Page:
School recovery | School news

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While each school department in Duplin County performs a vital function for the overall functioning of the system, the Curriculum Innovation Department is the core of teaching and learning. Under its large umbrella are the PreK-13 curriculum (content, pace and resources), academically or intellectually gifted (enrichment for advanced learners), vocational and technical education (career path), apprenticeship (digital / mixed media and learning centers)), Exceptional Children Program (support for students with identified disabilities), Multi-level support systems (academic and behavioral support for at-risk students) and Socio-emotional learning (positive relationships, healthy emotions and decision making).

The Curriculum Innovation Department is made up of knowledgeable, skilled, experienced and passionate professionals who keep abreast of current educational research and practices and ensure that our schools are well equipped to meet the demands of 21st grade education. century. However, after a few turbulent years, the department and the school system as a whole are faced with an even bigger task: school recovery.

“We recognize that the learning interruptions that our students have experienced over the years, resulting from two hurricanes and the COVID-19 pandemic, have created gaps in student learning and growth. All of us – teachers, leaders, students and families – need each other to support, accelerate and grow our students. We did not get here in one year and we will not recover in one year. Our students are not where we need them right now, but we are determined to fill those gaps, ”said Nicole Murray, Acting Director of Program and Education for STEAMA, at the December 7 meeting. of the board of directors of education.

As a result of these introductory comments, the board was briefed on the current and ongoing strategies schools are using to regain academic and socio-emotional learning loss.

Robbin Cooper of Rose Hill – Magnolia Elementary School presented on behalf of all K-8 schools and Scott Ballard of East Duplin High School presented for all high schools.

Here are some of the approaches to university recovery that have been highlighted:

• Employ an interventionist in each school to help identify and train at-risk students in small groups and prevent dropout.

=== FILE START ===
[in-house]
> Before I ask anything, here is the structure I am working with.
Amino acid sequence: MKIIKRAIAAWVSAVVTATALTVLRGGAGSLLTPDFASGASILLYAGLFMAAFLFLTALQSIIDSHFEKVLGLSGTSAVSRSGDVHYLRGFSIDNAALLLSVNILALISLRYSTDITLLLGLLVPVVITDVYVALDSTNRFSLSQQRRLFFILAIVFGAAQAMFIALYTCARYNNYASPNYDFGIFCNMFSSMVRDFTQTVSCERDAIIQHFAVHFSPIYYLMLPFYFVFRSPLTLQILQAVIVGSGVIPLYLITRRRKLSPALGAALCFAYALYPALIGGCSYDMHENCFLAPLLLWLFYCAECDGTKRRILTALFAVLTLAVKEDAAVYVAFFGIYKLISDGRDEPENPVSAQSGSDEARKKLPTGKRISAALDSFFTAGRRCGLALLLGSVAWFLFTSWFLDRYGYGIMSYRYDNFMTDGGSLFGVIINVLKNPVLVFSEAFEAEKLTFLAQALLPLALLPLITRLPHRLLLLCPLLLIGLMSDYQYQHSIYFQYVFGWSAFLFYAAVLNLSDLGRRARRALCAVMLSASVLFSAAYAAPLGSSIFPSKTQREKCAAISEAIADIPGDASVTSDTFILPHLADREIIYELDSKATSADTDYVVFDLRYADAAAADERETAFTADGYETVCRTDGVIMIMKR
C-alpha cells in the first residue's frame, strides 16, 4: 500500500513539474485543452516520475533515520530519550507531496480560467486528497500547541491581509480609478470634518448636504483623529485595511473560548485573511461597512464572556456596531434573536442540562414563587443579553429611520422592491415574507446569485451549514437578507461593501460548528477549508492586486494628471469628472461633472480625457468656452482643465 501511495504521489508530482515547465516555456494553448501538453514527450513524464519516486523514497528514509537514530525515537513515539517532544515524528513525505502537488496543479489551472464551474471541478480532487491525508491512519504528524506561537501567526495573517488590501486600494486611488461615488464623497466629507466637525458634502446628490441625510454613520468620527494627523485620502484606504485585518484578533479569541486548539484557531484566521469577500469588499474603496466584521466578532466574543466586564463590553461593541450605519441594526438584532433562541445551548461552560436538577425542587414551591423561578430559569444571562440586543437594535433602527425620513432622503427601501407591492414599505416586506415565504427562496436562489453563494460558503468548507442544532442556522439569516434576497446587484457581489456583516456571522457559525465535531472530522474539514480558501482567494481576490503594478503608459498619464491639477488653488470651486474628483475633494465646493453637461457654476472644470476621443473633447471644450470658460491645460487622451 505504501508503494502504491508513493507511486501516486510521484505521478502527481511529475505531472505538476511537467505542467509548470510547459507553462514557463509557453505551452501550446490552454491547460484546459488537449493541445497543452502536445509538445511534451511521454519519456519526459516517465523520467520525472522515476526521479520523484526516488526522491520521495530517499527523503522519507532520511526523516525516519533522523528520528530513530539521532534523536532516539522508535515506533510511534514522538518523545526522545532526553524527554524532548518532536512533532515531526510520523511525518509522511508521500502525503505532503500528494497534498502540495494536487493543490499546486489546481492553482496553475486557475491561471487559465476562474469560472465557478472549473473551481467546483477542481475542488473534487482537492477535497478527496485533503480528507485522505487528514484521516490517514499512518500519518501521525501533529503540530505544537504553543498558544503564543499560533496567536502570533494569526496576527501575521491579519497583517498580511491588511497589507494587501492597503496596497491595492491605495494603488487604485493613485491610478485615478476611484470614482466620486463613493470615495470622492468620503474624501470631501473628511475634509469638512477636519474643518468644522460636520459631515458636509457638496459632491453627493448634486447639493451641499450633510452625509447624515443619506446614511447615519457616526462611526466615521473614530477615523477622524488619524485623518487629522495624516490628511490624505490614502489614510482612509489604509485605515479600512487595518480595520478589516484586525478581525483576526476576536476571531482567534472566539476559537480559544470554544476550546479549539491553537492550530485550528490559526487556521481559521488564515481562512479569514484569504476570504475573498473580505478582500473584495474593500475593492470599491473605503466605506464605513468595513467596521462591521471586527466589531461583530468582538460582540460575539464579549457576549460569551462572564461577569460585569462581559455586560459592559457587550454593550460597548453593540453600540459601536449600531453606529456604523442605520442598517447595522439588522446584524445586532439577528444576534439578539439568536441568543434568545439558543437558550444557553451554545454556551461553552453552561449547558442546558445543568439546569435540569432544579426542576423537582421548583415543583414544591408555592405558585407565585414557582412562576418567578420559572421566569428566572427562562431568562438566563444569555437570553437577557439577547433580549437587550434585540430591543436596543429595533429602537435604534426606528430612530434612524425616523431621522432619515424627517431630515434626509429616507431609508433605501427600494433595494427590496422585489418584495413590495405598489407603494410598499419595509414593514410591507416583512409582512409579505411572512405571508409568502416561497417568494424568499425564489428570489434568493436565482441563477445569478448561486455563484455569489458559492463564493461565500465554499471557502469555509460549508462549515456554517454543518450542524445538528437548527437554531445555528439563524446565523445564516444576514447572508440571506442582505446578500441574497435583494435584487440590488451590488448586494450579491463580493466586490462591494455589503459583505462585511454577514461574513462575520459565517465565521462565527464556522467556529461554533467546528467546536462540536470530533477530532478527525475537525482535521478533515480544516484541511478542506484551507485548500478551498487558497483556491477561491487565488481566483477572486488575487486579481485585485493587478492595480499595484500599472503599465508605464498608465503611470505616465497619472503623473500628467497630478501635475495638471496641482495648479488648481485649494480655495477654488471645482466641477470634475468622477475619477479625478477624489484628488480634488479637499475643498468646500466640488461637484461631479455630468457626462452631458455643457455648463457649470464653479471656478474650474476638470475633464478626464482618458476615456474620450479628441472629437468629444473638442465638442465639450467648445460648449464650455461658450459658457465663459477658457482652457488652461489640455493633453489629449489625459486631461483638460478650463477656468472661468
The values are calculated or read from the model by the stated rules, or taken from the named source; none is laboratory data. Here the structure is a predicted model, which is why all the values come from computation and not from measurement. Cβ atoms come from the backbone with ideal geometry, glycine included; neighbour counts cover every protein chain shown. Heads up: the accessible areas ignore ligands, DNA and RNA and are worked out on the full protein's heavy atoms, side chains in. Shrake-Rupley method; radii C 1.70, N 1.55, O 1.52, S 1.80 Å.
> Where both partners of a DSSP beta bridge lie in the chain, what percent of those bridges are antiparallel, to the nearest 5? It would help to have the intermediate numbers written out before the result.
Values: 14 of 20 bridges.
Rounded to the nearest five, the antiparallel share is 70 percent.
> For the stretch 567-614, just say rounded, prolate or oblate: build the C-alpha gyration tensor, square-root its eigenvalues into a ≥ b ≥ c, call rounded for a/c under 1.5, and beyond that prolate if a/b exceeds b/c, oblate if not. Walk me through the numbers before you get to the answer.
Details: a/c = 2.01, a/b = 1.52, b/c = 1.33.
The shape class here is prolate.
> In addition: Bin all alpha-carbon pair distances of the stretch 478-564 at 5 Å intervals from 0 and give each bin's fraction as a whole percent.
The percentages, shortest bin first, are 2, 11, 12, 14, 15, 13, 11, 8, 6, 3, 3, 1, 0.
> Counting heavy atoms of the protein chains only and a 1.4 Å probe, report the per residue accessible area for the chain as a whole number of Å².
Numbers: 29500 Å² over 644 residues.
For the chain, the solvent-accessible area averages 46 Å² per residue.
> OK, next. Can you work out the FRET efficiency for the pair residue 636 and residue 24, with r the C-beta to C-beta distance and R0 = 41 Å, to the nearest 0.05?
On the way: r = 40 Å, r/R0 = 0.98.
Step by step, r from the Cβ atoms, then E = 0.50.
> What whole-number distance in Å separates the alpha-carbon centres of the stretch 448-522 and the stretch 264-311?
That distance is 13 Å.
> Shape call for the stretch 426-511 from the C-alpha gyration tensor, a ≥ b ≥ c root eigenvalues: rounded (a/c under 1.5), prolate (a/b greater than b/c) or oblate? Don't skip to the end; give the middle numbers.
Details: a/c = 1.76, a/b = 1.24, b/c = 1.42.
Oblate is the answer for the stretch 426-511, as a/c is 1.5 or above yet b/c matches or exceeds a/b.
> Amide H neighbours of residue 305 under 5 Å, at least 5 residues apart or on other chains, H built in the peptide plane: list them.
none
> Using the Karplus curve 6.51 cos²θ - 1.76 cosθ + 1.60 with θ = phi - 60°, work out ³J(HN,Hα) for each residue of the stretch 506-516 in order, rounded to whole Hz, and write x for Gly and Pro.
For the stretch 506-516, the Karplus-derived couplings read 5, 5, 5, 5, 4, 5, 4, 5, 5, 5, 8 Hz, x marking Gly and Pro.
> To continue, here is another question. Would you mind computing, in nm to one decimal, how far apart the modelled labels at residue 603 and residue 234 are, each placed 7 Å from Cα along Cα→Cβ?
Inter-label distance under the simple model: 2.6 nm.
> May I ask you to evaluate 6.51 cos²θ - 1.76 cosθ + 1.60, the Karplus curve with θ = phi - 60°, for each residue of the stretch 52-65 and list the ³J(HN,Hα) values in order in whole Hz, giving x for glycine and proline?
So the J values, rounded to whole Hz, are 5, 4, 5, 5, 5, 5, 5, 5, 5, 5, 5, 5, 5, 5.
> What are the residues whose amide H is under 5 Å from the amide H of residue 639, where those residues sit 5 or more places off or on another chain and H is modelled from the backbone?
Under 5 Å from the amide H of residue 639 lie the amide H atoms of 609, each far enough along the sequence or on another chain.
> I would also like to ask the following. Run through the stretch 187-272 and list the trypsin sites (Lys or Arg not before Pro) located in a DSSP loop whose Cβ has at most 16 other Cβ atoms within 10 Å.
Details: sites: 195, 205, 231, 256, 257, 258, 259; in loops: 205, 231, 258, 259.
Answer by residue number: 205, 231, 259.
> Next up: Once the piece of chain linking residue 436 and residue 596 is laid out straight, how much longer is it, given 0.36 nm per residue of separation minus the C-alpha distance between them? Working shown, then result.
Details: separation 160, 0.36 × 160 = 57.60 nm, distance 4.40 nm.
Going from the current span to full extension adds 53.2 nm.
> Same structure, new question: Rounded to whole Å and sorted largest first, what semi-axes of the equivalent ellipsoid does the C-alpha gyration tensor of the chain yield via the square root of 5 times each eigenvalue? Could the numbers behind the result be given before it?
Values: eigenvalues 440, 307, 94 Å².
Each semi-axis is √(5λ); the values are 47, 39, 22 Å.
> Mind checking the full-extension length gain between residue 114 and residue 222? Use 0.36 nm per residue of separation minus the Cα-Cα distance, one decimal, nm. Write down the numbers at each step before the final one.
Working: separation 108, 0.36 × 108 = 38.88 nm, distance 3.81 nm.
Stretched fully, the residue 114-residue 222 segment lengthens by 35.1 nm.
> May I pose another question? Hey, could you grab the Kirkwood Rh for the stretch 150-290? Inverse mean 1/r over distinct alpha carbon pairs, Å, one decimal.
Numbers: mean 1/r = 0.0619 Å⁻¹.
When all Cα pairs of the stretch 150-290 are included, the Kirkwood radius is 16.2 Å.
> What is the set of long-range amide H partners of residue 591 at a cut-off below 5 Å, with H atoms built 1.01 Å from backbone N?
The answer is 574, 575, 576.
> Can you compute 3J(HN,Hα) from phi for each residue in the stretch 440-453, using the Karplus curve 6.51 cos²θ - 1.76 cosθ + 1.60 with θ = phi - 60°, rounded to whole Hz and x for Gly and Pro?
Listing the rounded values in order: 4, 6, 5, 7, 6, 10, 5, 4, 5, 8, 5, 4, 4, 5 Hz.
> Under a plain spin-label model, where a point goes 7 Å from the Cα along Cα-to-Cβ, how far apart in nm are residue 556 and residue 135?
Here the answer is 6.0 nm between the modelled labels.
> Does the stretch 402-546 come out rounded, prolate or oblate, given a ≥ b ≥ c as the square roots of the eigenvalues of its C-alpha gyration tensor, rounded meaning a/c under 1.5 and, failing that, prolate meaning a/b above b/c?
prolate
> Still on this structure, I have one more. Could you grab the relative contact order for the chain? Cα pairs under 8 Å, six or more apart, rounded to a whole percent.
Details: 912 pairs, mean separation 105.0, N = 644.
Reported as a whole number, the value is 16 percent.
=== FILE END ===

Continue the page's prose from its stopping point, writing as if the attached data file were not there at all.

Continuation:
• Use additional federal funding to provide more teachers to reduce class sizes

• Schedule a designated intervention period during the school day

• Offer after-school tutoring

• Implement high quality research-based intervention programs

• Evaluate and monitor progress frequently

• Analyze data and modify teaching plans accordingly

• Implement a revised CTE curriculum for intermediate levels that emphasizes reading, writing and other content areas

• Expand access to credit recovery opportunities in secondary schools

• Intensify ACT preparation for all juniors

• Filter all students for socio-emotional needs

• Implement the socio-emotional program with fidelity

• Use counselors and social workers for small group and one-on-one sessions, attendance monitoring and family support

• Provide additional mental health and telemedicine services as needed

• Partnership with communities in schools

The presentation to the board ended with an update from Pam Murray, Special Advisor for the K-8 and MTSS Curriculum, on the science of reading and a literacy intervention plan.

“The science of reading is an evidence-based methodology for teaching reading that will help us learn more about how children learn to read, to understand what happens when children have difficulty reading.” and to implement the most likely type of education. work best for the majority of students.

Schools in Duplin County are creating a Reading Science Aligned Literacy Intervention Plan that will outline how we respond when a student shows signs of reading difficulty. All PreK-5 teachers will participate in intensive professional development in the science of reading with the ultimate goal of all students reading at grade level by the end of year three. This is a pivotal time when students begin to transition from learning to read to reading for learning. Murray echoed the sentiments of others by pledging, “We will not give up on the commitment to school recovery.”

During his remarks, Superintendent Austin Obasohan implored reasonable expectations, responsibility and solidarity among all stakeholders.

“No one is asking to be off the hook, but we are asking for reasonable expectations, support, understanding and sensitivity. We must support our teachers, support our students, our parents. Our teachers need us more than ever right now, but we still need to hold each other accountable. The superintendent, the principals, everyone, the parents, the students. We must all be held accountable for closing this success gap. We have to do it together, ”Obasohan said.

Duplin County Schools wish everyone a happy and restorative vacation so we can all come back rested and ready for the hard work and positive results ahead!

Education Matters is a contribution from the Duplin County Schools. For more information, visit www.duplinschools.net.

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